The last several years have witnessed an explosion in the number of students taking Advanced Placement courses--a laudable trend, on the whole. The College Board, though, is worried that its AP label might be losing integrity because of the program's rapid expansion, so the organization is auditing AP courses to ensure that their syllabi and lessons are up to snuff. That well-intended review process may, however, be penalizing some of the better AP classes (and teachers) out there. David Keener teaches biology and was recently told that his curriculum didn't meet AP standards. Yet, none of his students scored below a ‘3'--the passing grade--on the 2007 AP biology exam. (In another instance, several teachers reportedly turned in the same syllabus to be graded; some of them were deemed acceptable, others weren't. The College Board said such scenarios are extremely rare.) The College Board is right to defend the rigor of its brand. But if most of a class's students make the grade on AP's challenging tests, it indicates that the teachers are doing a fine job. (That's precisely how Jaime Escalante became known as the best teacher in America.) Why not focus the College Board's magnifying glass on classrooms where most students aren't even taking--much less passing--the tests? Why not let the kids' results determine the worth of the teacher's syllabus (and pedagogy)? To do otherwise is akin to making grandma take off her shoes at the airport x-ray machine: It's just for show, and only leads to frustration.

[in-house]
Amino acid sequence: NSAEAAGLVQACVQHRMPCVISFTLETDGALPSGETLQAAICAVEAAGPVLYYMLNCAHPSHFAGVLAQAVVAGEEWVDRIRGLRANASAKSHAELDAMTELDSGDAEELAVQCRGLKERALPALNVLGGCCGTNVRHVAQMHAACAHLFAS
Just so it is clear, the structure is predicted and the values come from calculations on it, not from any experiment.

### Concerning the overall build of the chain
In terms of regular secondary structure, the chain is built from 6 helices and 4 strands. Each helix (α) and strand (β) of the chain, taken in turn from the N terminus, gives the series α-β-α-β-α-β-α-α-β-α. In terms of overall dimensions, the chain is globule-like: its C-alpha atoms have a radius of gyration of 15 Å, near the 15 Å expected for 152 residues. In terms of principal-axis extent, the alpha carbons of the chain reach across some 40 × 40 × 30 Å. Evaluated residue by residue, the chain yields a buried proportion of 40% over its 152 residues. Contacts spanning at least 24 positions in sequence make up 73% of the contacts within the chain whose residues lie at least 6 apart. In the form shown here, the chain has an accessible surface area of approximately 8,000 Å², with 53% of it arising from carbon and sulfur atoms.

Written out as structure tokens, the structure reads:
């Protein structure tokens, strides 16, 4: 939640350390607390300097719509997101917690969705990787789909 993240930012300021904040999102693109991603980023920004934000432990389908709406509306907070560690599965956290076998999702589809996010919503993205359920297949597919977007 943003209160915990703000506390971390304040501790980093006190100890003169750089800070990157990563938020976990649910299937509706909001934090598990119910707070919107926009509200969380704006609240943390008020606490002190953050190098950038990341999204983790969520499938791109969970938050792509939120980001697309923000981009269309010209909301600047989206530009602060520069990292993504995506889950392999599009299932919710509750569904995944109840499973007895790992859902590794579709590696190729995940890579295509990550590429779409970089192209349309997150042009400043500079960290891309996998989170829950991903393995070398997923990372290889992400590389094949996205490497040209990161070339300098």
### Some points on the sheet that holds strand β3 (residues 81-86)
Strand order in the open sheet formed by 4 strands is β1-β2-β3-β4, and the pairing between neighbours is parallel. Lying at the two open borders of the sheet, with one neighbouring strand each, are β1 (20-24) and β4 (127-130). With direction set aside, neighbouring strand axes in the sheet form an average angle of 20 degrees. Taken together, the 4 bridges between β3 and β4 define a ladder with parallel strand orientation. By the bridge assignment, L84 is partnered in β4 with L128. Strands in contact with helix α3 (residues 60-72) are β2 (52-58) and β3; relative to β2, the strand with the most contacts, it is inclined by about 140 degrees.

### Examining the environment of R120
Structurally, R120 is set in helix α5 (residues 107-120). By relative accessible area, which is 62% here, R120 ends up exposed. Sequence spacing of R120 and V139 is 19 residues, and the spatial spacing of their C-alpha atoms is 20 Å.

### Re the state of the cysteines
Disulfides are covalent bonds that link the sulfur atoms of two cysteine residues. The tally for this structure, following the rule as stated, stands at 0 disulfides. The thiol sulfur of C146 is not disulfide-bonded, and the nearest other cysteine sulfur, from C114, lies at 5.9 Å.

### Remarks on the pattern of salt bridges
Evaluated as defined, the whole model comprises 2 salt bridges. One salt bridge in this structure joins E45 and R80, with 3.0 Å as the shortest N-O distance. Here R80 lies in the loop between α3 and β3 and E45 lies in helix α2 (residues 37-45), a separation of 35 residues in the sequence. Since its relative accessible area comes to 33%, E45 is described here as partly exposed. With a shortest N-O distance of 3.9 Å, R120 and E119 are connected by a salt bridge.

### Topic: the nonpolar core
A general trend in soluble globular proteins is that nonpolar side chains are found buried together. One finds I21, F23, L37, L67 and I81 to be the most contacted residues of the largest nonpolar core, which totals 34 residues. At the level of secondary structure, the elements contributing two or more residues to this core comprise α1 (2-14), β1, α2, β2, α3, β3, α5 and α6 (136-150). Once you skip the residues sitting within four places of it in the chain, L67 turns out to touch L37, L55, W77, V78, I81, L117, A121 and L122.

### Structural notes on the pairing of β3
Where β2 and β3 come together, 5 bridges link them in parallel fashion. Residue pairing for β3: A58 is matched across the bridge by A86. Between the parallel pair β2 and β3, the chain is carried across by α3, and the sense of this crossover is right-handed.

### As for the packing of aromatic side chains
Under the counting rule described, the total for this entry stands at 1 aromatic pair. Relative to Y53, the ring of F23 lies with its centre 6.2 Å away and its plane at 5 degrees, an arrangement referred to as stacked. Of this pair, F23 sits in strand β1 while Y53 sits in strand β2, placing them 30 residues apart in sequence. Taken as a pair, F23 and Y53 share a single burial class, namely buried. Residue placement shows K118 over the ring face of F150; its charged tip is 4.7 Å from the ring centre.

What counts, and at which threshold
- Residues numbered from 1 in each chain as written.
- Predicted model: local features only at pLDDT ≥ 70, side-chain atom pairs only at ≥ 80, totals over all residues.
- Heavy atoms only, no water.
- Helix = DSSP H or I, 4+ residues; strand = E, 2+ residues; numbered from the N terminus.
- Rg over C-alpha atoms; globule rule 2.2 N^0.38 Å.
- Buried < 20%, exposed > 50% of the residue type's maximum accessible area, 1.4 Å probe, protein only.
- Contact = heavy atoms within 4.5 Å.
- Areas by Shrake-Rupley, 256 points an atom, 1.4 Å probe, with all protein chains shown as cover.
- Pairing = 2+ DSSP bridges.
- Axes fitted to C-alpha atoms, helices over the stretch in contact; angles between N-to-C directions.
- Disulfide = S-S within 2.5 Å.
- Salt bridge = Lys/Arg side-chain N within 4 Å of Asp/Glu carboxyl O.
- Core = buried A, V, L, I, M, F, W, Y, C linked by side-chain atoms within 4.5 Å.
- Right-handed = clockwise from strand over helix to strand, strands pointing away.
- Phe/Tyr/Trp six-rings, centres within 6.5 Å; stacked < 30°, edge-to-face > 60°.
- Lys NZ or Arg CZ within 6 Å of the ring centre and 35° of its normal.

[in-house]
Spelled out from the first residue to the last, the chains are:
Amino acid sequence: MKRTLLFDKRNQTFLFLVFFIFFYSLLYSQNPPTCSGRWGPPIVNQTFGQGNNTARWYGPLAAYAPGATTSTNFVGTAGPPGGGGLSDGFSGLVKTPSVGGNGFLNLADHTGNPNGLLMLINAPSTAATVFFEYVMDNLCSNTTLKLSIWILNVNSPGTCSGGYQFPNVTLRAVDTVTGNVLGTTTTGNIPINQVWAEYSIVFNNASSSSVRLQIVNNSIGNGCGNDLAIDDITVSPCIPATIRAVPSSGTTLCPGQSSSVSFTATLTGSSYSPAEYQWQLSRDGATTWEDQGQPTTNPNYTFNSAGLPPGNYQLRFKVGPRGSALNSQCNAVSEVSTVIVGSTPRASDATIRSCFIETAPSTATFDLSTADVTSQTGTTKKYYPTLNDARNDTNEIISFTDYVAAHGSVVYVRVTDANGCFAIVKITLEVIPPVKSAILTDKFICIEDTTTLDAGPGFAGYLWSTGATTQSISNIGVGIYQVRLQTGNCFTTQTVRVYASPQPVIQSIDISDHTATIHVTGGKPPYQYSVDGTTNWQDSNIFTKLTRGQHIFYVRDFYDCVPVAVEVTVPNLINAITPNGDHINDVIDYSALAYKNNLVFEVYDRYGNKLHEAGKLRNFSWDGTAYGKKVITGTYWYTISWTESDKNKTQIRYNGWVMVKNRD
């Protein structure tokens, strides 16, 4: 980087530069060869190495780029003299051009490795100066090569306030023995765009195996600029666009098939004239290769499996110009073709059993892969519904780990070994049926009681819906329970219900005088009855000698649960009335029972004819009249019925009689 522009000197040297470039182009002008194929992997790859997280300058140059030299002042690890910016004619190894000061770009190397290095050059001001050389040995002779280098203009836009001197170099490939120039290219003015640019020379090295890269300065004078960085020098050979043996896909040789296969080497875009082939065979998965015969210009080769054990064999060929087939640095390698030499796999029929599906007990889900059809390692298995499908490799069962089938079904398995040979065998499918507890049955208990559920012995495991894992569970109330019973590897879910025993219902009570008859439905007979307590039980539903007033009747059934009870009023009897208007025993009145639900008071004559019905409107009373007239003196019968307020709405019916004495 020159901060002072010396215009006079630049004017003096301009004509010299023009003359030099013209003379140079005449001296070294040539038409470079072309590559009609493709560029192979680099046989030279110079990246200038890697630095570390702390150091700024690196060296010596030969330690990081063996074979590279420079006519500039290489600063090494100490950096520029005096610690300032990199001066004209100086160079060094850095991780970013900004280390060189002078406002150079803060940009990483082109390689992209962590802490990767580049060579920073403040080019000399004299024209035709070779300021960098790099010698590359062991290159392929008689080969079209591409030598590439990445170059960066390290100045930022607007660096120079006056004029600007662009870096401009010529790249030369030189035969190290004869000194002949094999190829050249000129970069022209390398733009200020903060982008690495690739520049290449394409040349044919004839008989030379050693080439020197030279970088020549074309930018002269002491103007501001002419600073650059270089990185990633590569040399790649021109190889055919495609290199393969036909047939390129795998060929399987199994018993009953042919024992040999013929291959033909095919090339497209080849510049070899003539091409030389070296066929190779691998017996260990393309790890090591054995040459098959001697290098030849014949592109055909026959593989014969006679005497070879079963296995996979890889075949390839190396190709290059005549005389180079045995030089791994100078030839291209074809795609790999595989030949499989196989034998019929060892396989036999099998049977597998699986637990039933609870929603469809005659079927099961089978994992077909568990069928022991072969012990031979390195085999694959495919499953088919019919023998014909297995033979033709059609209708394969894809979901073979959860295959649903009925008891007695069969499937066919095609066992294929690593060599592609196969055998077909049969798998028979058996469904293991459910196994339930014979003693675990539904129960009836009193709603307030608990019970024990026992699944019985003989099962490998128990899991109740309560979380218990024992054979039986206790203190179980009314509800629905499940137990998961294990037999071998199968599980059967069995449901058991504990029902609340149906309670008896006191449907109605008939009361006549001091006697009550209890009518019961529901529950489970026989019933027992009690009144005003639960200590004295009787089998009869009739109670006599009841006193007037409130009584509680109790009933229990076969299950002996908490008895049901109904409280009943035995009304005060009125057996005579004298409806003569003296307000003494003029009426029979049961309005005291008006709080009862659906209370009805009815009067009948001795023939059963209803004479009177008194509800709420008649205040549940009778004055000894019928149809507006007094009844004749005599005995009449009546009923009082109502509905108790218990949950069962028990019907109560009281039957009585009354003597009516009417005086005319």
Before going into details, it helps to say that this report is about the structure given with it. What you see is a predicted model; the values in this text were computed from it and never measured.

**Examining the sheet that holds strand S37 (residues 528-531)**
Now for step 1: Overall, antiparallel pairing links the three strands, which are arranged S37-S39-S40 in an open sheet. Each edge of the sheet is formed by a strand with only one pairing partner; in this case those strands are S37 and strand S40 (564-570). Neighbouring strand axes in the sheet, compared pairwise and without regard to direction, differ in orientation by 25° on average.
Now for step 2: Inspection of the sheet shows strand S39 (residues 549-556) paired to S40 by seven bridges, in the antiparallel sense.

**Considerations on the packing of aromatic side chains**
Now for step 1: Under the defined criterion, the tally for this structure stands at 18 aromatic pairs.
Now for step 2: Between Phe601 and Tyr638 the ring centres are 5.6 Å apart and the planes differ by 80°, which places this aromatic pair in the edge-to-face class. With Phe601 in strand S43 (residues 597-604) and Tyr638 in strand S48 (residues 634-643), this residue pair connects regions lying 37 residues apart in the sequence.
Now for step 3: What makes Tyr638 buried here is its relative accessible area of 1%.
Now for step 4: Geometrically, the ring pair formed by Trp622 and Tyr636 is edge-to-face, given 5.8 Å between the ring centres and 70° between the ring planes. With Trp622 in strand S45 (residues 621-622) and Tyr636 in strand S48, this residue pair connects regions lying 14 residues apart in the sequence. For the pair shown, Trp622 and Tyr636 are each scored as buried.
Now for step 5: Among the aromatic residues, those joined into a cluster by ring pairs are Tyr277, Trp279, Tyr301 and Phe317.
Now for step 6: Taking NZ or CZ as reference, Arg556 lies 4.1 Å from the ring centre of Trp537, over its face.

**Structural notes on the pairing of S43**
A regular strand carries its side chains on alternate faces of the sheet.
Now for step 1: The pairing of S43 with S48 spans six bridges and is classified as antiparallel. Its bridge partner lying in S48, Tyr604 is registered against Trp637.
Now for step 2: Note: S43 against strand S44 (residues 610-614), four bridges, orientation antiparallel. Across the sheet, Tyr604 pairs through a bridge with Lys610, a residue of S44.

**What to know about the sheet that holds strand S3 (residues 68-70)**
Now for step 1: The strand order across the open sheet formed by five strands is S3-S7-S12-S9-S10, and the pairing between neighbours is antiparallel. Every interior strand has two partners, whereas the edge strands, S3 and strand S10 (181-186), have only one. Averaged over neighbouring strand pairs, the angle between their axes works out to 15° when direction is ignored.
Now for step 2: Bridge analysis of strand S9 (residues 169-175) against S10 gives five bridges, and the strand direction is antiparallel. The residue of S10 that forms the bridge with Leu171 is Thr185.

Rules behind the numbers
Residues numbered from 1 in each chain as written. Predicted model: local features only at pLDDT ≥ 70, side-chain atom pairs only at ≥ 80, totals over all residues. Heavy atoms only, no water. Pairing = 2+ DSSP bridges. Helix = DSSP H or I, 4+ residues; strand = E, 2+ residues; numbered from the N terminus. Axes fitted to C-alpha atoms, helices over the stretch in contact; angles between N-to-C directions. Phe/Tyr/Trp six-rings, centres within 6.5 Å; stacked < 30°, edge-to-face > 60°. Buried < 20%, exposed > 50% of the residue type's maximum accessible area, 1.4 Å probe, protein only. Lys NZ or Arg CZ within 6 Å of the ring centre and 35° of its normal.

"Auditors Rejecting AP Course Syllabuses", by Jay Mathews, Washington Post, September 2, 2007

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